Elayne wants to be a horse trainer. But you know how it is with horse training — like its sister occupations, exotic dancing and prostitution, parents will stop at nothing to keep their children out of this sinister line of work.
Or so it appears.
I know you’ve answered this type of question a lot of times before, but I’m just going to bother you with it again.
Hey, go for it…maybe it’ll be easier for me to answer today if I’ve answered it a few times already! 🙂 I could use an easy day today. I’m already feeling the holiday laziness set in.
So. For about two or three years of my high school life, I’m set on going to college for botanical conservation, aka a park ranger who’s smart in plants.
That sounds exactly like a job someone in high school thinks she would like — and then switches to something else later because there just aren’t too many jobs like that and therefore are extremely hard to get.
Come my senior year, I realize…it’s not where my passion lies.
It’d be just a job I have to do because everyone else has stable jobs and that’s what’s expected of you by, essentially, everyone.
Well, let me stop you quickly and say:
a) I’m not really sure that’d be too stable of a job, actually. It’s a government job, usually, so the benefits are probably good. But botanical conservation isn’t quite a sacred cow, so I could see those jobs getting slashed at some point when your state’s budget is underwater. And unless you live in Wyoming or North Dakota — your state’s budget is currently underwater. 🙂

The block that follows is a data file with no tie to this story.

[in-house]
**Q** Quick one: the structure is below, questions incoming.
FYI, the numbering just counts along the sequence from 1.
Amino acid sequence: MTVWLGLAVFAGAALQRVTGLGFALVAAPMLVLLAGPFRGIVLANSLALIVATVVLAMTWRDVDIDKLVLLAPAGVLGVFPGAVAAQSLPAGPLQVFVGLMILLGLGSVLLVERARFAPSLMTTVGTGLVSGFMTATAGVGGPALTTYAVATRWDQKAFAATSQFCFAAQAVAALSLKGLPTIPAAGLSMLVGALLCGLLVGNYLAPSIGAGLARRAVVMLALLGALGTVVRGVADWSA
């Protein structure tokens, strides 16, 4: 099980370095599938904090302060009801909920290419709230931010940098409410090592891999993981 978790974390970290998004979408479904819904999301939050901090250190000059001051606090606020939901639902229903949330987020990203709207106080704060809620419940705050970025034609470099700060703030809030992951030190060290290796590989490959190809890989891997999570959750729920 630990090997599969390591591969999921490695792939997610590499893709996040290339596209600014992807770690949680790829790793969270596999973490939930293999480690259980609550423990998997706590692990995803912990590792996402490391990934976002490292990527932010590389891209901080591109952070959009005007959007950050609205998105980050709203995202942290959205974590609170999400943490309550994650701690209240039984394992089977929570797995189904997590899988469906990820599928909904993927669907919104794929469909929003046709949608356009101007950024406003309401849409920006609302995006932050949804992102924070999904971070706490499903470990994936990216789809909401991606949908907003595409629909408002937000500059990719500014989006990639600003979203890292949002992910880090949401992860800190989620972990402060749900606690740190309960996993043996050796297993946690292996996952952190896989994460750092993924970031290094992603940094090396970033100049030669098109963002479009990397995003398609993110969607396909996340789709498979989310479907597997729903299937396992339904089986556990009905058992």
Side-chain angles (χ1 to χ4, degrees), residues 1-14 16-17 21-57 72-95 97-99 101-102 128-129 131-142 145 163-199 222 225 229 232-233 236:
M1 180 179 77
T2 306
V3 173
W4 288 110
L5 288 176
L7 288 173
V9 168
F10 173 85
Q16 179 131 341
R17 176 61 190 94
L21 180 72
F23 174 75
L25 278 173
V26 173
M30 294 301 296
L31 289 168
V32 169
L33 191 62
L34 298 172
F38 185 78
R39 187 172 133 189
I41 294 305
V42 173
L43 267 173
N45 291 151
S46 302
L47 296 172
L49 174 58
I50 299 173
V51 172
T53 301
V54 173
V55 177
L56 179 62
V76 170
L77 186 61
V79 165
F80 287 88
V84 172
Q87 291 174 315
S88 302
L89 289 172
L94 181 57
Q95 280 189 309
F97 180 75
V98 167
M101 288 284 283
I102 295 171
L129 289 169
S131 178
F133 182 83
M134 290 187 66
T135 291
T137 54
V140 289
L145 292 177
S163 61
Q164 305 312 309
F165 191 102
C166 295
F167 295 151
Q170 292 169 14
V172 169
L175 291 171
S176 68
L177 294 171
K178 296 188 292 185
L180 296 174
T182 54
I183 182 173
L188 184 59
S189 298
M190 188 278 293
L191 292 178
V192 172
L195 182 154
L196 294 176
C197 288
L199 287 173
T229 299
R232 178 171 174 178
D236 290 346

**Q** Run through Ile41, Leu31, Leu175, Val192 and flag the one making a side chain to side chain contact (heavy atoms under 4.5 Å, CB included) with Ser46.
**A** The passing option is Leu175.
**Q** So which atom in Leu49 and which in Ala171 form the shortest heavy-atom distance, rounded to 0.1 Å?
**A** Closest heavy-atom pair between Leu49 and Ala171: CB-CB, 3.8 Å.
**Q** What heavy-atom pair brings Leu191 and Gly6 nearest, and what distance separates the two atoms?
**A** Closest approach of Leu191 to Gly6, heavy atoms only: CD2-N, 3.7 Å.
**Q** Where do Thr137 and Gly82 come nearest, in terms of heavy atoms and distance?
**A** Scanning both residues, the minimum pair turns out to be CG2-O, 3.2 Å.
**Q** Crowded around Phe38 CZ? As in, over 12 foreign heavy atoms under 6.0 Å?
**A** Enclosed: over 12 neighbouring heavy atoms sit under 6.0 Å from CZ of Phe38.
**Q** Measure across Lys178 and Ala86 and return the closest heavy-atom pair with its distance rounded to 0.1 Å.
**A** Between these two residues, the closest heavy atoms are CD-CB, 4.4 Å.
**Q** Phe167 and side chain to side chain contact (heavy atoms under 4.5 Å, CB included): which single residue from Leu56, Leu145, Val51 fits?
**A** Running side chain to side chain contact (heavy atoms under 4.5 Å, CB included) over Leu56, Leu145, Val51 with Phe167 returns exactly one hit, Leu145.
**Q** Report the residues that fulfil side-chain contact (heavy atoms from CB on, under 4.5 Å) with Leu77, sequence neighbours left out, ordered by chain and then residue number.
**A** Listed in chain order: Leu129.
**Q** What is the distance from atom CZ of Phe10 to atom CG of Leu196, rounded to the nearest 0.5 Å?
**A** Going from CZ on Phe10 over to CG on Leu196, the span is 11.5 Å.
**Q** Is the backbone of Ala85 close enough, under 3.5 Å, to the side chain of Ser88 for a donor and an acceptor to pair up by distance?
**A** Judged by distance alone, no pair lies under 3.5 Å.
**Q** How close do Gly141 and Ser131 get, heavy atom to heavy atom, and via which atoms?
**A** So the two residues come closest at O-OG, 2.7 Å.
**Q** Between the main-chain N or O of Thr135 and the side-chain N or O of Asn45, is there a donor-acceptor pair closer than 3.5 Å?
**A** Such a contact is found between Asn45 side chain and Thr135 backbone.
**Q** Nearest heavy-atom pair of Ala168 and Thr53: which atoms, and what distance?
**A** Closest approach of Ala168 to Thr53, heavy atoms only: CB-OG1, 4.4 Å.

b) Stability is great, but not essential. I’m sure you know this already, but it really doesn’t mean a damn what anyone else “expects” of you. In terms of career choice, you don’t really owe anyone anything except yourself. Or, as the refrigerator magnets say, “Those who mind don’t matter and those who matter don’t mind.”
But it won’t bring me happiness. I want to LOVE my job. I want to wake up every morning and smile, because I know I’m doing something with my life that I won’t regret.
Well, I can’t promise you that you’ll actually love your job, but you’ve certainly got a better chance of that actually happening in your current frame of mind (that of seeking what you love, etc.). So you’re already a leg up on most folks.